The reason that Royal Canin was picked ahead of Hill's as our #1 pick is because Royal Canin slightly edges past Hill's as far as the quality of the ingredients list goes.
While Hill's likes to make use of significantly more "filler" in their products, Royal Canin doesn't make use of these "fillers" as much.
All in all, this dog food formula from Hill's is one of the best low sodium dog food you can come across today, but we're adamant that Royal Canin (our #1 recommendation above) has a slightly better formula.
This dog food product from The Honest Kitchen is one of the best low sodium dog food products you will ever get your hands on.
Check out the list of ingredients for yourself and compare that to some of the other, more mainstream dog food products, and you'll see the difference right away.
List of ingredients: Hormone free beef, organic oats, organic barley, organic flaxseed, potatoes, carrots, eggs, apples, parsley, cranberries and spinach, plus vitamin & mineral premix (premix includes tricalcium phosphate, choline chloride, zinc amino acid chelate, vitamin D3 supplement, vitamin E supplement, potassium iodide, potassium chloride, iron amino acid chelate, copper amino acid chelate, thiamine mononitrate).
What do you notice right away? Do you see all these organic ingredients? Did you notice that the main source of high-quality protein in this dog food is hormone-free? Did you notice the plethora of some of the highest quality complex carbohydrates in the form of vegetables and fruit?
Now, for the part you and I care about most as far as this list goes, let's get to the amount of sodium this dog food contains.
If you were to check the label of this dog food, you'll fine that the amount of sodium it contains is around 0.17%, which means that this dog food is accurately categorized as a low sodium dog food. (For those of you who want to know why this percentage means that this dog food is a low sodium dog food, we'll be talking about this in a section below, so read on).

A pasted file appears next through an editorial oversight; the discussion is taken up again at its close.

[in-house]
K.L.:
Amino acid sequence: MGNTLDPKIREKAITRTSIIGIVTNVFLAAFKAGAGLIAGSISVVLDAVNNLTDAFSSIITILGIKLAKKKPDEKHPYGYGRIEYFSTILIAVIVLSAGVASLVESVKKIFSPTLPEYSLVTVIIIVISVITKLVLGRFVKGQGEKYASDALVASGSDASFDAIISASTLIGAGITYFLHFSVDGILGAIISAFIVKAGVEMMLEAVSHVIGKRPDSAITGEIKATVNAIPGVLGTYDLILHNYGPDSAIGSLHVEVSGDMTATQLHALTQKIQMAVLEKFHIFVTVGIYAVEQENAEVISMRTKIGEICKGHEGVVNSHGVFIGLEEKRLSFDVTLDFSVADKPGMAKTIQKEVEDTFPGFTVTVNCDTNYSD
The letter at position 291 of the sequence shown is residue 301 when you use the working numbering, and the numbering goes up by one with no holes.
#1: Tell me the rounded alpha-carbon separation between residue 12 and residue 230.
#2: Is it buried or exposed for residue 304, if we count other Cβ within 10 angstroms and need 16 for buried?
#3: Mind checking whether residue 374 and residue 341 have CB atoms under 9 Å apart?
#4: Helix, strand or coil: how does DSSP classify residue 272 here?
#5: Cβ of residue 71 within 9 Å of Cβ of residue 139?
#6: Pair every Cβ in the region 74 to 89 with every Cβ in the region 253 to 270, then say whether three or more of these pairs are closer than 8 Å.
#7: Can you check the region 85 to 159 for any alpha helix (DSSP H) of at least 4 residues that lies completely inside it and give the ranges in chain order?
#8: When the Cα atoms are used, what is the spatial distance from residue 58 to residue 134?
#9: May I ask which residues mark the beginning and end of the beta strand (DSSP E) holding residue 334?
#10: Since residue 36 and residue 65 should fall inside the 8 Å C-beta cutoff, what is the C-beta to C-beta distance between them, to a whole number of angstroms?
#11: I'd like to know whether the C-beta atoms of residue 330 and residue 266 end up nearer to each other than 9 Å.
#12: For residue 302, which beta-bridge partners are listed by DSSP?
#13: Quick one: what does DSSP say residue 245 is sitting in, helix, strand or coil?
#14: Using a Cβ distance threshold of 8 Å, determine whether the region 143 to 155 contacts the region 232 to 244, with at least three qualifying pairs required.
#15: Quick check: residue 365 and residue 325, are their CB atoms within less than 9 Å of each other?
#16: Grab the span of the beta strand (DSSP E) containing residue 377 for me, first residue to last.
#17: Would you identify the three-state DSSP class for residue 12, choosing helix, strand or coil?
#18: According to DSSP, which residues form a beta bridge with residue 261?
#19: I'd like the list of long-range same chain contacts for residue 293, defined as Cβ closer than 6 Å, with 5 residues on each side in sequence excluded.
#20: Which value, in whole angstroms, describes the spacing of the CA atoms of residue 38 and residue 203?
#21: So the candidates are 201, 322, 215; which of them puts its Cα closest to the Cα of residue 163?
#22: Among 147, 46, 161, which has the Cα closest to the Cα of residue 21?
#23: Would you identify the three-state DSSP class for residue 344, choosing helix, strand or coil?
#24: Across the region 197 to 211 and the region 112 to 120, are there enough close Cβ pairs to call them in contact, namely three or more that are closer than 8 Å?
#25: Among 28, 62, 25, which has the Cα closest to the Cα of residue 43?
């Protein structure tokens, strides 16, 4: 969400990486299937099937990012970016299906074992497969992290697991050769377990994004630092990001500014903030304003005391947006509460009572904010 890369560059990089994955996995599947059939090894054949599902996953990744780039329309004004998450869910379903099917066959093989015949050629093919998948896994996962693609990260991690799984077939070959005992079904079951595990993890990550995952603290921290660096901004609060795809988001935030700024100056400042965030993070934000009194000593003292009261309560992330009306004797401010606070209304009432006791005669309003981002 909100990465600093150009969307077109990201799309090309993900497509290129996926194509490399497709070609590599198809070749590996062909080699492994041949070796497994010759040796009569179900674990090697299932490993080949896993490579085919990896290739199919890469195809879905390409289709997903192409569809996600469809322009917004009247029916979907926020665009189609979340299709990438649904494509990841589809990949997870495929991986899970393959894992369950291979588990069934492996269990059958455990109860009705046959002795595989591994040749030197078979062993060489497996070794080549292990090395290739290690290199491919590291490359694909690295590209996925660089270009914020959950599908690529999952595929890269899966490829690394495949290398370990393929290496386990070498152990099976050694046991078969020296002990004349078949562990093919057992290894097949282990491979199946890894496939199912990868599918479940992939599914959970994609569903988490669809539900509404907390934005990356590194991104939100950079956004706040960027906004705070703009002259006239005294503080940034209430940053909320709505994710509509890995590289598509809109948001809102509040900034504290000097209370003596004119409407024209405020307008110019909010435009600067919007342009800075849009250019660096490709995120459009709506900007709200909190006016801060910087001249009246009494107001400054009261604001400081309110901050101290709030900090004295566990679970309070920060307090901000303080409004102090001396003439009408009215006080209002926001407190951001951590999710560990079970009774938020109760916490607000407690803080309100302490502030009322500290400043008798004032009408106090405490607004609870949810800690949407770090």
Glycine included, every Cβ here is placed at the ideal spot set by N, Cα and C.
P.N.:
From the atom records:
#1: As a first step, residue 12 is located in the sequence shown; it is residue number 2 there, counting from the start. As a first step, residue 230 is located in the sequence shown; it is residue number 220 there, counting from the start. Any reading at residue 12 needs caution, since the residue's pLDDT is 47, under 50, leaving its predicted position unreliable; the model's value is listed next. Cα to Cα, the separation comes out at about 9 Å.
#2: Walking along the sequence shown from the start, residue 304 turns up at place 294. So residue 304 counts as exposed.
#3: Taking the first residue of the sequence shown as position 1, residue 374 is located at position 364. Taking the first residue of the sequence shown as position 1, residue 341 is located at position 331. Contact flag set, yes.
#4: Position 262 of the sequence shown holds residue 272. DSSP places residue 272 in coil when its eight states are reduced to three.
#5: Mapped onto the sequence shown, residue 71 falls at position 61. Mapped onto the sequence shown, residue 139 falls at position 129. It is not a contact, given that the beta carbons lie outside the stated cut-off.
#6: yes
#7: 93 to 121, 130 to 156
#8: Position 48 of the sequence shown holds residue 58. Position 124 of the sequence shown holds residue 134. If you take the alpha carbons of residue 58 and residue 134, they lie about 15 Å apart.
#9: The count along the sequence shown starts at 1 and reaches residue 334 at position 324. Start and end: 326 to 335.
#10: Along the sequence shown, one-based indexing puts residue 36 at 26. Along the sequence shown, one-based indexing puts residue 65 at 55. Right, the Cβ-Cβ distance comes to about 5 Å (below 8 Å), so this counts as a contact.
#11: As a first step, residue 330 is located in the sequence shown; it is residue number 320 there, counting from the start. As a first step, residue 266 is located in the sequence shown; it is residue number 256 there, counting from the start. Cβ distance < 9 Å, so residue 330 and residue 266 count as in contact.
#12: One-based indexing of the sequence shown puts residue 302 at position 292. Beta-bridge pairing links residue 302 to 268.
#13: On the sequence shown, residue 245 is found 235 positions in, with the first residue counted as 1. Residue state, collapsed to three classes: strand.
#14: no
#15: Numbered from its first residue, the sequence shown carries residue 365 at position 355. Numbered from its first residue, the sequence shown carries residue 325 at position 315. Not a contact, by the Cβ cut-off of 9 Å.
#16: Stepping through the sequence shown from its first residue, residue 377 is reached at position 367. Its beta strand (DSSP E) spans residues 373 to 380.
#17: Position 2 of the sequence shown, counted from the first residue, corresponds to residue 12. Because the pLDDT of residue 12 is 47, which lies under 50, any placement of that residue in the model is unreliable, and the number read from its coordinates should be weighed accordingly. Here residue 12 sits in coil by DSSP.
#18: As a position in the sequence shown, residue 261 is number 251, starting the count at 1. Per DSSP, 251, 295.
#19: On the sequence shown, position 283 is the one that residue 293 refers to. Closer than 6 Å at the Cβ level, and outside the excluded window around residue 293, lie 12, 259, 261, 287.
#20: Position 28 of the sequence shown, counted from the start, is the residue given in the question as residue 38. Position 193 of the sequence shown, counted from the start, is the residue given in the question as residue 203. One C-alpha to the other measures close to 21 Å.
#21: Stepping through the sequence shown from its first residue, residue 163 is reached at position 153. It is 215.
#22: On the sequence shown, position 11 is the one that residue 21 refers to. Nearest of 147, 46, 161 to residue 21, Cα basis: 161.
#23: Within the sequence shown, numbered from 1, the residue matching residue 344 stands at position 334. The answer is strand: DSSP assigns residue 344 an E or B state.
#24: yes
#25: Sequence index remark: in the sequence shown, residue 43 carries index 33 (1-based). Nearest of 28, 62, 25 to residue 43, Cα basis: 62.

Sodium And Dog Food Nowadays
With the way everyone's sodium intake nowadays is gradually becoming higher and higher when all they eat is junk food, ready to eat canned/bagged food and highly processed sugary treats and snacks such as chocolate bars and potato chip bags, all this increase in sodium levels entering the body is causing detrimental effects on the health of everyone involved in these bad consumption practices.
Excess Sodium In Our Dog's Diets
The problem is, we as humans know for a fact that excess levels of sodium in our diets is really bad for us, and we aren't stopping at just negatively affecting our own health with the consumption of excess levels of sodium than we should be consuming, we're also exposing our dogs to the same health risks by feeding them diets that are high in sodium levels as well.
And, for those of you reading this and not aware of it yet, excess levels of sodium in your dog's body leads to a lot of health problems and is even accredited to many deaths in dogs each and every year.
A little extra sodium here and there in some foods your dog may be eating may not seem like a huge problem at first, but add everything together and re-do the math, your dog will be eating dangerously high levels of salt in their diet - levels that could very well lead to their death.
Excess Sodium And Health Conditions - A Terrible Combination
And this becomes an exponentially more serious problem for you as a dog owner to deal with and an exponentially more dangerous risk on your dog's well-being if they consume high levels of sodium and they are already diagnosed with conditions like high blood pressure and/or cardiovascular problems. In these cases, what is already a very dangerous practice becomes ten times more dangerous.
What's The Real Goal Here?
Many dog owners miss the forest for the trees when they have a dog at home that suffers from certain health problems that are caused by excess levels of sodium in their dog's diet.